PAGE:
8
$\begingroup$

For us earthlings, the concept of "year" came from the observation that the Sun reaches a minimum and a maximum span in the rise-set path in the sky.

On a planet experiencing extreme perihelion precession (about 30 degrees) is there any recurring astronomical event which can mark the end of a year for the inhabitants of the planet? (picture is meant to illustrate the extremity of the precession, not the eccentricity of the orbit)

enter image description here

$\endgroup$
  • 5
    $\begingroup$ Umm... is that illustration in any way representative of the system you have in mind? Because it looks like you've got an orbit with apastron about nine times as distant from the star as periastron. With such an extremely elliptic orbit, I suspect life would be unable to develop, and certainly complex life would face enormous challenges. $\endgroup$ – a CVn Dec 27 '17 at 9:55
  • 5
    $\begingroup$ Not to mention that there is no reason why "the end of the year" necessarily needs to be tied to anything astronomical. New year in the Gregorian calendar occurs close to, but is not identical to, Earth's perihelion (which coincides with winter in the northern hemisphere due to Earth's axial tilt); in 2017, winter solstice apparently occured on Dec 21 16:28 UT, and it typically occurs on either Dec 21 or Dec 22. $\endgroup$ – a CVn Dec 27 '17 at 9:56
  • $\begingroup$ @MichaelKjörling, I edited my question. I hope this explains better. $\endgroup$ – L.Dutch Dec 27 '17 at 10:19
  • $\begingroup$ What's a "year"? $\endgroup$ – Mołot Dec 27 '17 at 10:23
  • 2
    $\begingroup$ Adding to my first comment, to give an idea of what a 9x orbital radius change over the course of an orbit means: If the near point (periastron) is at Earth's orbit around the Sun (1 AU orbital radius), then the far point (apastron) is just inside Saturn's orbit around the Sun (a little less than 10 AU orbital radius). If periastron is approximately at Mercury's orbit around the Sun (a little under half an AU), then apastron is near Jupiter's orbit around the Sun (a little over 5 AU). $\endgroup$ – a CVn Dec 27 '17 at 10:30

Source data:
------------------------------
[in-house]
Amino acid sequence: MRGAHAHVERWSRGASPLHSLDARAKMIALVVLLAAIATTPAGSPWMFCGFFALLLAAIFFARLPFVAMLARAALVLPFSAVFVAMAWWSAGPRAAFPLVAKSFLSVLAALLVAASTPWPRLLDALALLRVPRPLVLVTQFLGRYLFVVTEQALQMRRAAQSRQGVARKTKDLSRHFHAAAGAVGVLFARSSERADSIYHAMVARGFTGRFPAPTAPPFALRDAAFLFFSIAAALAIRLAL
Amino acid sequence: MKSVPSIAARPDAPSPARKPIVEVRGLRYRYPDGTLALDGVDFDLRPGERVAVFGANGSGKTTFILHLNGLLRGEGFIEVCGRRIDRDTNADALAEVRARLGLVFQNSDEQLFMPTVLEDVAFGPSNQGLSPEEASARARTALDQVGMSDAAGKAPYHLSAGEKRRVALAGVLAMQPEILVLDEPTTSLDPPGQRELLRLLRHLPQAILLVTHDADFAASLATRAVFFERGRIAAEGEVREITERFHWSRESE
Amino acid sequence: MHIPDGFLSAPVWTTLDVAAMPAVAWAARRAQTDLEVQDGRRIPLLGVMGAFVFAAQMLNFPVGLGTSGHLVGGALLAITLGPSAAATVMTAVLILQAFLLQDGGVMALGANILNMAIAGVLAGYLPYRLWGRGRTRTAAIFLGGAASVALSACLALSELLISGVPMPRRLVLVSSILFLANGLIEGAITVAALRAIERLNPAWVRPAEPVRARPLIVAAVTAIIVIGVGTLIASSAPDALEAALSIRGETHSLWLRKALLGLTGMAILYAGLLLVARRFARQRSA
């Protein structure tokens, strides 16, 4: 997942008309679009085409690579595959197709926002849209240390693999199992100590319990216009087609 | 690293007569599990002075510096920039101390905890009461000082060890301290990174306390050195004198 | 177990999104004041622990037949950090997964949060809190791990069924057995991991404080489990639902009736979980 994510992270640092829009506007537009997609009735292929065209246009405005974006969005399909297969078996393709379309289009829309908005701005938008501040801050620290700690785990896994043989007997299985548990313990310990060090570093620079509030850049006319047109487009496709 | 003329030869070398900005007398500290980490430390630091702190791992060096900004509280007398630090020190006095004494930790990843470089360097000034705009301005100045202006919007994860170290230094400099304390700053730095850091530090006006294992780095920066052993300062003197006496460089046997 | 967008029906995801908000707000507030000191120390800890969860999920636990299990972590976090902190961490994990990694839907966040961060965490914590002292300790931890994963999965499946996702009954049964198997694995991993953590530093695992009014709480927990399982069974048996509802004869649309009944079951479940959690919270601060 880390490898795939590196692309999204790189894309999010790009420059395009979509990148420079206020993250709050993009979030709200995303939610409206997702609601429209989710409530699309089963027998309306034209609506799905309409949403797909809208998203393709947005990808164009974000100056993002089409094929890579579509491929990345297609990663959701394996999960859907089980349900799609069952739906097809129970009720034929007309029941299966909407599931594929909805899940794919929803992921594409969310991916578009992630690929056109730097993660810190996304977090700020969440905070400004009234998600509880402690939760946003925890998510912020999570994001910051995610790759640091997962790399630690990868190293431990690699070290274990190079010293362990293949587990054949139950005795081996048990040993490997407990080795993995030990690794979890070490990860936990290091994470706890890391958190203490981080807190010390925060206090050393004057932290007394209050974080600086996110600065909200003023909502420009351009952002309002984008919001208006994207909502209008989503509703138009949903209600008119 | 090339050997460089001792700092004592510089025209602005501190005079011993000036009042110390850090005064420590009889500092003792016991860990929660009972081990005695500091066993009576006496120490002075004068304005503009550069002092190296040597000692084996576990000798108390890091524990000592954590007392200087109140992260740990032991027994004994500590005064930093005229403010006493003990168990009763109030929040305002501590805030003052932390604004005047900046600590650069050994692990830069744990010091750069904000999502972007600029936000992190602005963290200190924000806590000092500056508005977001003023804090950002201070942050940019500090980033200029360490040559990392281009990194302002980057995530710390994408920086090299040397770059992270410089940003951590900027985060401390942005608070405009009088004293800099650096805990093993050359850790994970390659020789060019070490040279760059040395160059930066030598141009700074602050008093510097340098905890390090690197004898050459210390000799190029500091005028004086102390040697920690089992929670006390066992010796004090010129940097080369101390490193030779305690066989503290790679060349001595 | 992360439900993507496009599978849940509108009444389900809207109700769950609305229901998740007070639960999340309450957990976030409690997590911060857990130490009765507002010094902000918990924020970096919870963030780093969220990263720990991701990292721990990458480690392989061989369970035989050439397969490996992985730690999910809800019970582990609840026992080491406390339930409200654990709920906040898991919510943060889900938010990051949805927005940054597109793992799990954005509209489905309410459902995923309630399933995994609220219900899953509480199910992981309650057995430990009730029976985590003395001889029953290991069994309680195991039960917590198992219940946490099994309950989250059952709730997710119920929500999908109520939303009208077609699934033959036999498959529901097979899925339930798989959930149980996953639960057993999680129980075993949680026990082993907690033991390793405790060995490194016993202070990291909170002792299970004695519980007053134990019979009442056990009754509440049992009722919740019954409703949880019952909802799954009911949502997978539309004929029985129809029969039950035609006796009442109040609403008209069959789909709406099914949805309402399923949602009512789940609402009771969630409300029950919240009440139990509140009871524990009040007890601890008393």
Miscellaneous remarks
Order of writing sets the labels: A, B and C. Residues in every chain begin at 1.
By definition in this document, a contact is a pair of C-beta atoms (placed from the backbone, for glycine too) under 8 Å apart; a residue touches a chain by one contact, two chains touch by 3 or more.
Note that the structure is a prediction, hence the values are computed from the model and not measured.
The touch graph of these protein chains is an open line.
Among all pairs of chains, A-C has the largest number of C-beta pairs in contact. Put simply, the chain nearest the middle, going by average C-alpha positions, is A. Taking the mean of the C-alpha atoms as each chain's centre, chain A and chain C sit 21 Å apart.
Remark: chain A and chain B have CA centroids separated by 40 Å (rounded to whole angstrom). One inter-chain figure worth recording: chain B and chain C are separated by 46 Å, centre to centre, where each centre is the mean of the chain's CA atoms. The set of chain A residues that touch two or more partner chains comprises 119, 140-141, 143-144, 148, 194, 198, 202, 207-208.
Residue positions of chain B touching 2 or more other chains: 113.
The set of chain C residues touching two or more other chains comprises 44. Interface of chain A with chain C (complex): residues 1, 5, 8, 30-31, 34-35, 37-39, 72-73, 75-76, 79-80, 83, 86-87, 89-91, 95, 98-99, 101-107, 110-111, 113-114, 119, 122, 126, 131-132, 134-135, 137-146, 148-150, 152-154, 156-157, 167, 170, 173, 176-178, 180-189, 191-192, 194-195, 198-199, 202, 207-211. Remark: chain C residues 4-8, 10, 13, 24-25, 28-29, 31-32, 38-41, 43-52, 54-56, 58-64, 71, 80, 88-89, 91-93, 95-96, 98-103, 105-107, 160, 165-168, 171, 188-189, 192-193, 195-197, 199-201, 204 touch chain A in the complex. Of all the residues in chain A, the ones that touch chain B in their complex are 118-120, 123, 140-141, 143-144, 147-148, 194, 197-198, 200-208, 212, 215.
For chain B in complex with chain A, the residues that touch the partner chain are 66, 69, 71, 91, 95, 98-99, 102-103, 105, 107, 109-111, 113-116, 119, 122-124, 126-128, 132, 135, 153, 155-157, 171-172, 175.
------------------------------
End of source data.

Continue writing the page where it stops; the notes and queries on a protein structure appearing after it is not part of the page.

17
$\begingroup$

I would propose "The day of the burning Sun", or "The day of the dim Sun". Basically, either the perihelion or the apohelion could mark a periodic event defining the end of a year and the start of a new one. Your inhabitants would see the Sun going away and going back peridically, which could hold quite an interesting mythology.

The cool thing is, they'll notice that the stars aren't at the same place each of these special days. If your precession is of 30° exactly, this implies that the stars will be at the same spot relative to the day every 12 years, which could lead to a special event in your inhabitants cultures. If it is almost 30°, you can have almost a 12 years periodic event (and keeping the big party), plus a real coincidence with a previous orbit (exact same stars position) every few centuries or so (and you can throw an even greater party!).

(Of course, as @Michael Kjörling stated, life would have a hard time developing on such a planet. But let's forget that.)

$\endgroup$

Your Answer

By clicking “Post Your Answer”, you agree to our terms of service, privacy policy and cookie policy

Not the answer you're looking for? Browse other questions tagged or ask your own question.